Can America's best scientists figure out what's wrong with Toyotas? Probably. And chances are, they'll reach conclusions very similar to what Toyota itself has found.
To get to the bottom of the mysterious "sudden acceleration" problems that have plagued Toyota, the government has established two high-caliber probes. Experts from NASA, the space agency, will investigate whether evasive electronic bugs in Toyota vehicles could be causing the cars to speed up without warning—and without leaving a trace of the problem. And the prestigious National Academy of Sciences will convene its own group to study whether the widespread replacement of mechanical systems by electronics—in cars built by virtually every automaker—could be causing sudden acceleration or other safety problems.
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Valid questions. But here's a prediction: Anyone looking for a smoking gun that further implicates the automakers isn't likely to find one. Toyota has recalled more than 8 million vehicles worldwide to fix sticky accelerator pedals and floor mats that could "trap" the gas pedal, causing the car to speed up. In the United States, 52 deaths have been linked to sudden-acceleration crashes in Toyotas dating to 2000. And complaints about sudden acceleration have surged since the crisis began drawing attention, creating the impression that there's a deeper problem that Toyota hasn't acknowledged. So some critics (and class-action lawyers) are blaming the electronics.
It's possible, although Toyota says it has found no verifiable problems with the electronic throttle controls on more than 40 million vehicles it sold over the last decade. And there are some other obvious explanations. When the government reports are finalized sometime next year, here are some of the likely conclusions:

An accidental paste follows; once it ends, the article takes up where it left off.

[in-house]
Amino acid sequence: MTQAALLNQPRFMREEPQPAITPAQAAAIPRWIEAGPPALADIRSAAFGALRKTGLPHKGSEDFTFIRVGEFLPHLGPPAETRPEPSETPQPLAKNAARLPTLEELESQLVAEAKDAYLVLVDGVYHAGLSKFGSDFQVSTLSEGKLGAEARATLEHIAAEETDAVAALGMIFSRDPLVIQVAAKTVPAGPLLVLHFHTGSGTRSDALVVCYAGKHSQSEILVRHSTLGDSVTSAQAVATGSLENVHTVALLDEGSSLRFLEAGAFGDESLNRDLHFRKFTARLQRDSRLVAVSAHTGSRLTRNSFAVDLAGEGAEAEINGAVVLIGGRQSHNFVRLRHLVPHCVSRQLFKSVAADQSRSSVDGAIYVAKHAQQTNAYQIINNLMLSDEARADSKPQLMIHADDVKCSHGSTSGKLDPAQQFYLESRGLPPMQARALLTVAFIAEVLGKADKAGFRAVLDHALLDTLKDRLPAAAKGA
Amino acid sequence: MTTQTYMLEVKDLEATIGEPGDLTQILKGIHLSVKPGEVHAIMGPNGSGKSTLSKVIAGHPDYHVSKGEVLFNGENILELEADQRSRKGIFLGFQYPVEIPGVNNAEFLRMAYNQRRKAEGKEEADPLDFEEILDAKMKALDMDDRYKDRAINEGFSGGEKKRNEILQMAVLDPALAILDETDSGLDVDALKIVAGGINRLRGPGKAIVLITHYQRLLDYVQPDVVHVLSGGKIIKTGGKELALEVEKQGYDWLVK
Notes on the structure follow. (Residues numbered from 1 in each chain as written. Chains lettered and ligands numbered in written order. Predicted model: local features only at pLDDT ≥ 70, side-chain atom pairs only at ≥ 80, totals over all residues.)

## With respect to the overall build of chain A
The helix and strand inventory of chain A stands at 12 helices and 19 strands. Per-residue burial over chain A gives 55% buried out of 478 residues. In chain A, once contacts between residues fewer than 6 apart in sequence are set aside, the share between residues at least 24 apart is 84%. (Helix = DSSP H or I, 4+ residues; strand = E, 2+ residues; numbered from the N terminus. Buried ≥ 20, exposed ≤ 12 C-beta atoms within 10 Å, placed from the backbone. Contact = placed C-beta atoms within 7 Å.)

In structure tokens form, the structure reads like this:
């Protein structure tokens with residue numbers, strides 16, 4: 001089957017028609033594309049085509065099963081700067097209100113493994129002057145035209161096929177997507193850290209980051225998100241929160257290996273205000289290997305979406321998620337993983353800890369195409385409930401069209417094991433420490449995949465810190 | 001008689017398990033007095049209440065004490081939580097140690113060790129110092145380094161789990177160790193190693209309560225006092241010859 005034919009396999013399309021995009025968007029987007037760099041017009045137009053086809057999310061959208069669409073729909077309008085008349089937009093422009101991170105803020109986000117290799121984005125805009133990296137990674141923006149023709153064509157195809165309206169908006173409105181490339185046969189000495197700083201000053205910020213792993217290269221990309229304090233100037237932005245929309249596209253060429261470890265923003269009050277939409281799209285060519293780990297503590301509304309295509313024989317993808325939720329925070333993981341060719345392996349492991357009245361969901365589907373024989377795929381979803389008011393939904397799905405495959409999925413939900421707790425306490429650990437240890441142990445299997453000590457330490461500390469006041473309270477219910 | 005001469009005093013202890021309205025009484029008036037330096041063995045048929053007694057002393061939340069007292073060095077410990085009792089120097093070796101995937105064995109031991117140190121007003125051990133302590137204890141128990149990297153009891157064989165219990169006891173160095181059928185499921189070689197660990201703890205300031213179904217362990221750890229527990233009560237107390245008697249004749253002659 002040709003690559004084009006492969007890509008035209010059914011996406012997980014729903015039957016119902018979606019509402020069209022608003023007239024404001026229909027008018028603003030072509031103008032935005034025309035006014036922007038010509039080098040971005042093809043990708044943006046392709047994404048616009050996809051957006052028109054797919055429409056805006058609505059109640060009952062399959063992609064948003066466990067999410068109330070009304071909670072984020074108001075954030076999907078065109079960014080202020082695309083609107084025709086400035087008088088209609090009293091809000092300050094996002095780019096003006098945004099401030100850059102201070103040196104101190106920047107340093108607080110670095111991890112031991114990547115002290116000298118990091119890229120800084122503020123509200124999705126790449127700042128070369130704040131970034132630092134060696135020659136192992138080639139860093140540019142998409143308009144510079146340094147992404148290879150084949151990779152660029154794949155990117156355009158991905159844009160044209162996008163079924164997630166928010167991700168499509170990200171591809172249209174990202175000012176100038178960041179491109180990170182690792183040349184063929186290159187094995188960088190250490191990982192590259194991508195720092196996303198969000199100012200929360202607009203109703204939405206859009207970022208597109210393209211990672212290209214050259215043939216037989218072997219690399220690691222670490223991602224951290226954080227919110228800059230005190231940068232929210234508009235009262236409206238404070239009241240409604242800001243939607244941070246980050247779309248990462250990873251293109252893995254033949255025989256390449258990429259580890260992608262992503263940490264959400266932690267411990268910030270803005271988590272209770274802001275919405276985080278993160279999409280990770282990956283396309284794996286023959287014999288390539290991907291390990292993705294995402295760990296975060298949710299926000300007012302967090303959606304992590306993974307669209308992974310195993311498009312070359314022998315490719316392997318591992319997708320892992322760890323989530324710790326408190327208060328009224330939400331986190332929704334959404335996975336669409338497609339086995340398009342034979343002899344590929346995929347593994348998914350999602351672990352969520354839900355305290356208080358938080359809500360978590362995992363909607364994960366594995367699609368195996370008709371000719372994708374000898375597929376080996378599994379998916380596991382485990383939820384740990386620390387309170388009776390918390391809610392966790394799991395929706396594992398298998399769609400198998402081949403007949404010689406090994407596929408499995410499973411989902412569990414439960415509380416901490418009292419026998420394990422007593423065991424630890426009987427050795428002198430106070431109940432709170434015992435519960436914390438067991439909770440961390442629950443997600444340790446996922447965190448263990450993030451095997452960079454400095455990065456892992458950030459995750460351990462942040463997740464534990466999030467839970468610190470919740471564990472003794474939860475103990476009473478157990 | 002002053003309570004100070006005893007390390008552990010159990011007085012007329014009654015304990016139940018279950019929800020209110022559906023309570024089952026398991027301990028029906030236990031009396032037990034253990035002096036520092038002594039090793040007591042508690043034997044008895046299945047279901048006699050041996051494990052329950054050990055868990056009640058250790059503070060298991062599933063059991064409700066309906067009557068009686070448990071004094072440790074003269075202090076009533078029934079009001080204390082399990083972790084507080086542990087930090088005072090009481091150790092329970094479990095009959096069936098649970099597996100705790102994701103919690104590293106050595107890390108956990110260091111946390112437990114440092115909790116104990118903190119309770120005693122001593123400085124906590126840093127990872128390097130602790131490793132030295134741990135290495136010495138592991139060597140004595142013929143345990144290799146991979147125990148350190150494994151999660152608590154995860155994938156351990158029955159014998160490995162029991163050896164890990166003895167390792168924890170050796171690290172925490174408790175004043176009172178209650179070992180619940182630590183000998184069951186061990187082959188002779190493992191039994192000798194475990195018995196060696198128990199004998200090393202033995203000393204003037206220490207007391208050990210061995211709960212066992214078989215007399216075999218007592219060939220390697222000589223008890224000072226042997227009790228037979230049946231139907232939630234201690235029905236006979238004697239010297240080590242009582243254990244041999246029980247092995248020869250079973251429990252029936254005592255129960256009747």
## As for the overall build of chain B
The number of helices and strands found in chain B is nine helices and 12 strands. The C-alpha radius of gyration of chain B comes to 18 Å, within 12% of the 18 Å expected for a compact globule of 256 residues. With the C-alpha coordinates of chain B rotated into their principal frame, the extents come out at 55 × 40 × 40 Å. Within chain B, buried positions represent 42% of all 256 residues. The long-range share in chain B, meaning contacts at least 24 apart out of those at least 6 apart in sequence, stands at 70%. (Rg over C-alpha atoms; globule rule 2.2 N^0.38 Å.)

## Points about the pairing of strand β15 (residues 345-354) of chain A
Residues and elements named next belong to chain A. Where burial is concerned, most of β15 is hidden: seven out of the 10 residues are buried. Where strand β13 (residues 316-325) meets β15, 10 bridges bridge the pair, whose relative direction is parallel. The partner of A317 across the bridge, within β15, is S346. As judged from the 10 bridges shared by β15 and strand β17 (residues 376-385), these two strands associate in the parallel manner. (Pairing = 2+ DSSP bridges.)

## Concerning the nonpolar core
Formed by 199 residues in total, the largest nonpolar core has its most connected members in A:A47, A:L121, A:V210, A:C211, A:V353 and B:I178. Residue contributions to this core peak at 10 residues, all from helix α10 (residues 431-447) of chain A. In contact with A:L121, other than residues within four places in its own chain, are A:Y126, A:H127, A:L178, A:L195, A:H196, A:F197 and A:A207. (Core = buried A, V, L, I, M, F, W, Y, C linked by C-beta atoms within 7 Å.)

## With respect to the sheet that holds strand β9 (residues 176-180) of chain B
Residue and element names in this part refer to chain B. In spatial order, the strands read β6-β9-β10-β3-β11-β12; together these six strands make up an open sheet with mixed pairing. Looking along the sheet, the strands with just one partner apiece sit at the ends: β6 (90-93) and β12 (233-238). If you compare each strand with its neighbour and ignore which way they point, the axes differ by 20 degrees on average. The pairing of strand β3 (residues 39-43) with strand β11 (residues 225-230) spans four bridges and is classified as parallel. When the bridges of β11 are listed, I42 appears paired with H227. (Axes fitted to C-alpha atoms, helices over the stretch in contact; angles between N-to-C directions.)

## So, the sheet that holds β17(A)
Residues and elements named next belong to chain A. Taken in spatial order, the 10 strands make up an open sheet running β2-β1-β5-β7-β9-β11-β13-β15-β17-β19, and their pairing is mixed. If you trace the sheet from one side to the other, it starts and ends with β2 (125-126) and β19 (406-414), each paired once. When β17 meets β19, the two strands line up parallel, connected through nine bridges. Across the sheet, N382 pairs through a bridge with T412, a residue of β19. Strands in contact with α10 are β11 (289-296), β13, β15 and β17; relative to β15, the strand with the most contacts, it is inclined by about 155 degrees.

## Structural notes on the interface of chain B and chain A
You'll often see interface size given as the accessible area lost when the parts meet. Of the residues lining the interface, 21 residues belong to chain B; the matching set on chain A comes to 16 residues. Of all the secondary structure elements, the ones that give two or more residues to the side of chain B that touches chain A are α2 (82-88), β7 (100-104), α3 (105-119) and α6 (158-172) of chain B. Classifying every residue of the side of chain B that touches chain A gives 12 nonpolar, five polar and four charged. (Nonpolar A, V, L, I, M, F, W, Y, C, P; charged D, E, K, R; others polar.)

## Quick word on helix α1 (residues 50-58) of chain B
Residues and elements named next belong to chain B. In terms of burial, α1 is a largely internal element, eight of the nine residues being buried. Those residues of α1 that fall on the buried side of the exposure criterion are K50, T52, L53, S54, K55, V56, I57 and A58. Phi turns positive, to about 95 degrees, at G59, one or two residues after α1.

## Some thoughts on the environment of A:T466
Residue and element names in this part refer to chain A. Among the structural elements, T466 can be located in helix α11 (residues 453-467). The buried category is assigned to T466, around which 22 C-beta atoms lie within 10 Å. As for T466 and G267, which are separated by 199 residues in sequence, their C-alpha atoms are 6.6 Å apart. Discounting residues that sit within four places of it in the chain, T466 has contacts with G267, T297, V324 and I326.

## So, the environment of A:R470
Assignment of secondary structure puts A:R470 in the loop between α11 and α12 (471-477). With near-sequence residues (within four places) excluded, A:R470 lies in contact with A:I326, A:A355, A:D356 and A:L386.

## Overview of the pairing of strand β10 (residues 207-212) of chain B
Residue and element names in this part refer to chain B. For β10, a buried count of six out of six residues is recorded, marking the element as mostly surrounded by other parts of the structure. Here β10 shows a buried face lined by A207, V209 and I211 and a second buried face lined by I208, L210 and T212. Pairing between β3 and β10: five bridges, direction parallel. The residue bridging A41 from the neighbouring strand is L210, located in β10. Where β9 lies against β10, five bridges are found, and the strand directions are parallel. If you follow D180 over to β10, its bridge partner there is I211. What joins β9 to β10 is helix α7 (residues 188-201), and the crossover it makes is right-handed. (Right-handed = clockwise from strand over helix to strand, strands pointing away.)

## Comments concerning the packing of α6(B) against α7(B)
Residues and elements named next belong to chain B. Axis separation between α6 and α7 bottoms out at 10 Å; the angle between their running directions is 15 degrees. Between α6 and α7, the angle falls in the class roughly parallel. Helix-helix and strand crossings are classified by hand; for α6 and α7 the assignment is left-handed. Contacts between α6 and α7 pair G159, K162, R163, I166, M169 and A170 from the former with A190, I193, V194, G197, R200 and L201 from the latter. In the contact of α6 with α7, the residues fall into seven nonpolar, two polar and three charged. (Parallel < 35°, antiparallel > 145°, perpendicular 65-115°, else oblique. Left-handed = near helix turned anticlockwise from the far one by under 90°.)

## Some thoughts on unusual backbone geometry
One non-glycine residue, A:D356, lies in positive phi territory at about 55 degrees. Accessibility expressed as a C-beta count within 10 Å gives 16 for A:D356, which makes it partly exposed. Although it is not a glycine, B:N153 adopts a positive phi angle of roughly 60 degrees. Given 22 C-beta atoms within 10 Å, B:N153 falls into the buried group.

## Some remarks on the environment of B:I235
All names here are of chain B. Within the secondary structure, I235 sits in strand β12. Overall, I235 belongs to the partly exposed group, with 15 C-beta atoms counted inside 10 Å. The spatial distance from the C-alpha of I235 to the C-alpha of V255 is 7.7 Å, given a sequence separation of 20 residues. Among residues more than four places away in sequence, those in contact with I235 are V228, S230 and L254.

Drivers are the biggest problem. Automakers and regulators rarely come right out and say this—lest they offend the driving public—but most sudden-acceleration incidents occur because drivers press the wrong pedal. "Ninety-eight percent of the time it's pedal misapplication," argues Mike Jackson, CEO of AutoNation, a Florida-based dealer group that's the top Toyota retailer in the United States. "They genuinely think they're pressing the brake but they're really pressing the gas. Then they panic and press the gas even harder." The other 2 percent of cases are probably due to floor mats, he says.
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There's plenty of data to back up Jackson's claim. A New York driver who crashed a Toyota Prius in March claimed that the car took off uncontrollably as she was pulling out of her driveway. She insisted that she was pressing the brakes as the car crossed a busy street and slammed into a stone wall at 27 miles per hour. But government investigators said the Prius's "black box," which recorded data on the car prior to the crash, showed that the driver hadn't touched the brakes at all. The throttle, however, was wide open.